Who is really the best baseball team in the majors? I honestly don't know but I try to figure that out by using basic and advanced statistics. I live for talking about baseball, it's my biggest drive in my life and I will jump on the opportunity to talk baseball with anyone, even with people who I don't really like. For me, Baseball is a piece of art that sits in my mind all day, ready to be painted on at any point of the day.

Tuesday, January 25, 2011

Keep your eye on: Hunter Pence

His hitting mechanics are absolutely the wackiest I have ever seen but this 27 year old right fielder for the Houston Astros is a power-speed combo that has relatively flown under the radar for the past four seasons. Radar or not, this kid can rake.

Hunter Pence broke into the majors with a great rookie season: .322/.360/.539/.384 (wOBA) with a .217 ISO and 17 homers in 456 at bats. In Pence's second season in The Show, he posted a .269/.318/.466/.334 and a .197 ISO and 25 homers in 595 at bats experiencing a small step in production back but a solid season nonetheless.

Pence hit 25 long balls again in 2009 as he brought his average back up to a rock solid .282 and got his OBP to an above-average .346 while seeing his P/PA rise to 3.90 after 3.65 in his first two years. His walk rate also improved to an average 9%. He got rid of about 2% on his strike out rate as it went from 20.8% to a mark weighing in at just below the norm, 18.6%. Pence's UZR in 2008 was an astounding 12.3 and in 2009, it stayed about the same at 12.1. His overall WAR was a career best 4.1.

But in 2010, Pence once again took a step back. But this regression looked to be smaller than his previous one. For the third year in a row, he hit 25 dingers while cashing in his best strike out rate of his career at 17.1%. He even stole a career high 18 bases. The "step back" starts with his second lowest OBP and wOBA, .318 and .331, respectively. His ISO dropped to a still respectable .179.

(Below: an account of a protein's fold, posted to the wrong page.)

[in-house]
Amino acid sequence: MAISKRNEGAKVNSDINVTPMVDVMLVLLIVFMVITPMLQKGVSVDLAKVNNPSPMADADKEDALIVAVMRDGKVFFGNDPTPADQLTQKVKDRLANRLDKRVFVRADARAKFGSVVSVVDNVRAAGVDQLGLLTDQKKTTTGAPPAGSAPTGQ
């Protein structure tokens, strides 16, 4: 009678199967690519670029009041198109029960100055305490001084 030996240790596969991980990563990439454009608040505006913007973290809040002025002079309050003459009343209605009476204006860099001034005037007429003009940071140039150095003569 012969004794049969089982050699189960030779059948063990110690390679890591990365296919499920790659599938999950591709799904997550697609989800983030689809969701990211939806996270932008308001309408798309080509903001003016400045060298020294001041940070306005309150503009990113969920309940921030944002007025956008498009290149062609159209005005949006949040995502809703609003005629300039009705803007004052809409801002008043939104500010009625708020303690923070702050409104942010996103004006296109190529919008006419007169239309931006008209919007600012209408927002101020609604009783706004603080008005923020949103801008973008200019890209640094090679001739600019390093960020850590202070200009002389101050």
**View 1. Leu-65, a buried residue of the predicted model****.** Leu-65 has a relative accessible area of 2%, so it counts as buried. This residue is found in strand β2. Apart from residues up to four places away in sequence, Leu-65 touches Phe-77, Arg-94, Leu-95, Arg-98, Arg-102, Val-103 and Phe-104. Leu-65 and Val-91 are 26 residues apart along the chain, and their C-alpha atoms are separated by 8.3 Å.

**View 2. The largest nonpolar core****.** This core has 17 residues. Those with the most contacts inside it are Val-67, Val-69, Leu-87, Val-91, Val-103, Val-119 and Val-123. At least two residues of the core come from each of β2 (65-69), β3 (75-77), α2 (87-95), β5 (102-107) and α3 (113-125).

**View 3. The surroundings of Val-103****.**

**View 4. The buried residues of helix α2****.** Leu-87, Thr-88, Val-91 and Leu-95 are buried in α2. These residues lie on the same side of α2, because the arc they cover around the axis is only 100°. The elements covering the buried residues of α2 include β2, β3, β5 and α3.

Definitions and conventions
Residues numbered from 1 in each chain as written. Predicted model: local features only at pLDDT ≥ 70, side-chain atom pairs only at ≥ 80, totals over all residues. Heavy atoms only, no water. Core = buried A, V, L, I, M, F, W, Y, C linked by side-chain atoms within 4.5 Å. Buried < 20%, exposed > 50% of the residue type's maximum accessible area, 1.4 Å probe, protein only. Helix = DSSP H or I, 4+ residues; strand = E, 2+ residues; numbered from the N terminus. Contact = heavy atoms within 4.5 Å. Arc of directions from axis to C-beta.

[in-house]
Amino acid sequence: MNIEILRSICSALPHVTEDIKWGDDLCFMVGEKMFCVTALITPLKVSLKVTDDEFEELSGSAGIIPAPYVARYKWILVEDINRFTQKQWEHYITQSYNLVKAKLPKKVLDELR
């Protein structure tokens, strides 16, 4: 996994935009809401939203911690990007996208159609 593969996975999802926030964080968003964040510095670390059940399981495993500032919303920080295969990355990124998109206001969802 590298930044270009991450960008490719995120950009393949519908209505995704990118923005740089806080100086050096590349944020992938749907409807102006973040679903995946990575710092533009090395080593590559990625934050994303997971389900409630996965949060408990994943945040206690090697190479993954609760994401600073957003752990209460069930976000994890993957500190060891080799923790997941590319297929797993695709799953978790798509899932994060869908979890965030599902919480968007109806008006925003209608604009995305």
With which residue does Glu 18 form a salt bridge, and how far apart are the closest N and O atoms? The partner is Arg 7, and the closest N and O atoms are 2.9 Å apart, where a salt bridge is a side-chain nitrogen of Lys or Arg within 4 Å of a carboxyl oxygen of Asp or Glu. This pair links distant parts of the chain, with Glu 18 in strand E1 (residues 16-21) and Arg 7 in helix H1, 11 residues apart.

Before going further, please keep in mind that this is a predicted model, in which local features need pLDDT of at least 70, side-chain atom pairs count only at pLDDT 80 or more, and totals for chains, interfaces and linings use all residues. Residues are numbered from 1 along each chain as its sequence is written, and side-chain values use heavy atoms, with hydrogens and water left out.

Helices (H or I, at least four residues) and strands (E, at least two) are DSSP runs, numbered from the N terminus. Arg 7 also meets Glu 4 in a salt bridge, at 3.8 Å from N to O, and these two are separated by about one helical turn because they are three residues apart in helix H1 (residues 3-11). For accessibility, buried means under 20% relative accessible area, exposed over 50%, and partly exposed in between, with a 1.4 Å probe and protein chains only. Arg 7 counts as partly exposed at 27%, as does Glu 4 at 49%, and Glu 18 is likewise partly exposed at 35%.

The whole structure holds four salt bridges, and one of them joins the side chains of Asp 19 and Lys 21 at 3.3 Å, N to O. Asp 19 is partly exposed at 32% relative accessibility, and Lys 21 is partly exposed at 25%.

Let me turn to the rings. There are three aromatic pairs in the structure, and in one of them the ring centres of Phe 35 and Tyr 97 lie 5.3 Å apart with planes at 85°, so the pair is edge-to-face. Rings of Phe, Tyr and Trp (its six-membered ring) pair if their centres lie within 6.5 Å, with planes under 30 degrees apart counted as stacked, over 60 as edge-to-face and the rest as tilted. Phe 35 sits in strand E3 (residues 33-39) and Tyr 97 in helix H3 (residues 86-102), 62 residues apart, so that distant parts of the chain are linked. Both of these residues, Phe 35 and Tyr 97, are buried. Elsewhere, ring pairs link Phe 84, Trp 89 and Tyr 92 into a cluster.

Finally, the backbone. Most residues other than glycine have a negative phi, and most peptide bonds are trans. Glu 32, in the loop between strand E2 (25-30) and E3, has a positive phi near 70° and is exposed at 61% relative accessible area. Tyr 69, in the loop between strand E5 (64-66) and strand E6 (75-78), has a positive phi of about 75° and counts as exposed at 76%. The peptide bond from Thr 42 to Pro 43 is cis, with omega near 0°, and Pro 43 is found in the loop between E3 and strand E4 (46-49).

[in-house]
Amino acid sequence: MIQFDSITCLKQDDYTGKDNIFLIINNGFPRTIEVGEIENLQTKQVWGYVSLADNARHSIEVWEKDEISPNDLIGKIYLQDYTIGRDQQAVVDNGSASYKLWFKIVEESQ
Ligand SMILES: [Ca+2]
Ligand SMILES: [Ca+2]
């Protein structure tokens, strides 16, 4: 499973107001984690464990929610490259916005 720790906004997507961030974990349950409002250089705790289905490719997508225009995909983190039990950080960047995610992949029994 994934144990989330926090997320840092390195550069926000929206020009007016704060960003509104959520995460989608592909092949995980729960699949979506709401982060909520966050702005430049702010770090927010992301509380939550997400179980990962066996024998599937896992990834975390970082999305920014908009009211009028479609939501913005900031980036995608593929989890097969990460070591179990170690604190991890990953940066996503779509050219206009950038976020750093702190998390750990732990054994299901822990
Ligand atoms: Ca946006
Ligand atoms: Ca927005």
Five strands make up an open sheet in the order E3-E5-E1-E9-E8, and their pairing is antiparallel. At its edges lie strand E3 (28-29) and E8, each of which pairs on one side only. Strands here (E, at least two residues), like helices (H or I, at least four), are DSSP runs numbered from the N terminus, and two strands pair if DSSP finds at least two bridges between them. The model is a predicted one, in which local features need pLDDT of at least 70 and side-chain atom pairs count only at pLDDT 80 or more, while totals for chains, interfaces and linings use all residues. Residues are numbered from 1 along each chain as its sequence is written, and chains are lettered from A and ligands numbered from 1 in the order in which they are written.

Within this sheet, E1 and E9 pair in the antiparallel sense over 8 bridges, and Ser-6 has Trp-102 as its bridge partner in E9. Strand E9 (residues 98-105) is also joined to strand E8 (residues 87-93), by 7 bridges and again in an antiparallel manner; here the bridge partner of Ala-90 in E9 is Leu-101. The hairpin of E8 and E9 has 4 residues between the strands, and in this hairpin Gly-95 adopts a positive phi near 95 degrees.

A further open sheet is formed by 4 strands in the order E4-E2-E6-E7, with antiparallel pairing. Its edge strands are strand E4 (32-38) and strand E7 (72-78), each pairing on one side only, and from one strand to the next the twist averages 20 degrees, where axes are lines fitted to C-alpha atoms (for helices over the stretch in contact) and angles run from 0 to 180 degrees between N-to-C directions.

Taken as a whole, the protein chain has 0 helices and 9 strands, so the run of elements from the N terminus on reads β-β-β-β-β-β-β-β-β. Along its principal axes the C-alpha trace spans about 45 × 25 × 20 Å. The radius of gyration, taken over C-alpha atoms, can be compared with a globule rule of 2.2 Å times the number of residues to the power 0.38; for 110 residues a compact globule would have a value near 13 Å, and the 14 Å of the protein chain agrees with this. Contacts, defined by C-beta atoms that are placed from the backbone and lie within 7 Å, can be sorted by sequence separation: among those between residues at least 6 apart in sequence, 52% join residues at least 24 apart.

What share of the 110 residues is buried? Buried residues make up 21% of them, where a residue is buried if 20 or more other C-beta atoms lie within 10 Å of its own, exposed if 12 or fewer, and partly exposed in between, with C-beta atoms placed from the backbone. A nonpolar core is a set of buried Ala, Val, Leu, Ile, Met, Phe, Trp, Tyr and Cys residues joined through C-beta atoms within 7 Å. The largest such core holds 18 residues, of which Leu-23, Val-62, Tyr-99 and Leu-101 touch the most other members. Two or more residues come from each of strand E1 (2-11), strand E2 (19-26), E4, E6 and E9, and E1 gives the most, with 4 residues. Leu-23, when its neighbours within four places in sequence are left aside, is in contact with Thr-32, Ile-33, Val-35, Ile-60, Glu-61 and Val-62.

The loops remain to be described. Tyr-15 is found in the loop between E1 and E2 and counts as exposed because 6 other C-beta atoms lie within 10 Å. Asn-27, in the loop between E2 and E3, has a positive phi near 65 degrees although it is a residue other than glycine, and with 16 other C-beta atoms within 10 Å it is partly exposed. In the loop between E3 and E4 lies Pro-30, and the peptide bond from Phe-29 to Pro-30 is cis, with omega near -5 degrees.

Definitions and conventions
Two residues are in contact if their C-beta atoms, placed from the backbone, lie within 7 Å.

But for three straight years after his awesome rookie year, Pence's line drive, ground ball, fly ball and HR/FB ratio have stayed very similar from year to year:


Talk about consistent, right?

There always tends to be speculation that players should have a breakout year following three or more of these kinds of seasons in which these kind of numbers are put up. Being 27 years old, what is not to love about Pence's current situation? He is in the middle of an arbitration process in which he will be getting a raise so that always helps. Again, he's 27 and has posted such consistent numbers and has already established him self as a great player who is also fantastic in the outfield.

He only had a negative Pitch Type Value against one pitch in 2010, the slider at -5.2. That being said, this is a good sign for a break out season at a break-out-prone-age, like 27. By being able to hit the majority of the pitches thrown at him, you have to think that pitchers just will not be able to avoid his bat.

Pence does not only hit well, but he is also a great fielder according to his 12.3 UZR and 12.1 in both 2008 and 2009. And although his UZR dropped to 3.0 in 2010, I believe that it was just a fluke and that it should be back to normal in the up and coming season.
This picture is definitely in contest with the Carl Pavano photo. What a crazy face. 

Then again, I could be wrong, says his below average 30.2% O-Swing and his rather slim 49 point OBP/AVG differential. Maybe he will turn into the next Lyle Overbay and just never have that big, bulky, career year. But honestly, I do not think that will happen. He is just in too good of a position and has too much talent for that to happen to him, in my opinion.

There is not much more to say. Just look out for him this year.

.300/.360/.500/.368 with 29 homers or more. I say about 32 dingers and maybe even 20 or more stolen bases. He might even have a 30-30 season but I think that is a little bit of stretch. It is definitely possible though and if not 30-30, he would still most likely put up big numbers. Hunter Pence is my guy to watch out for in the 2011 season.

By Mike Moritz

(Statistics in courtesy of: espn.com and fangraphs.com)

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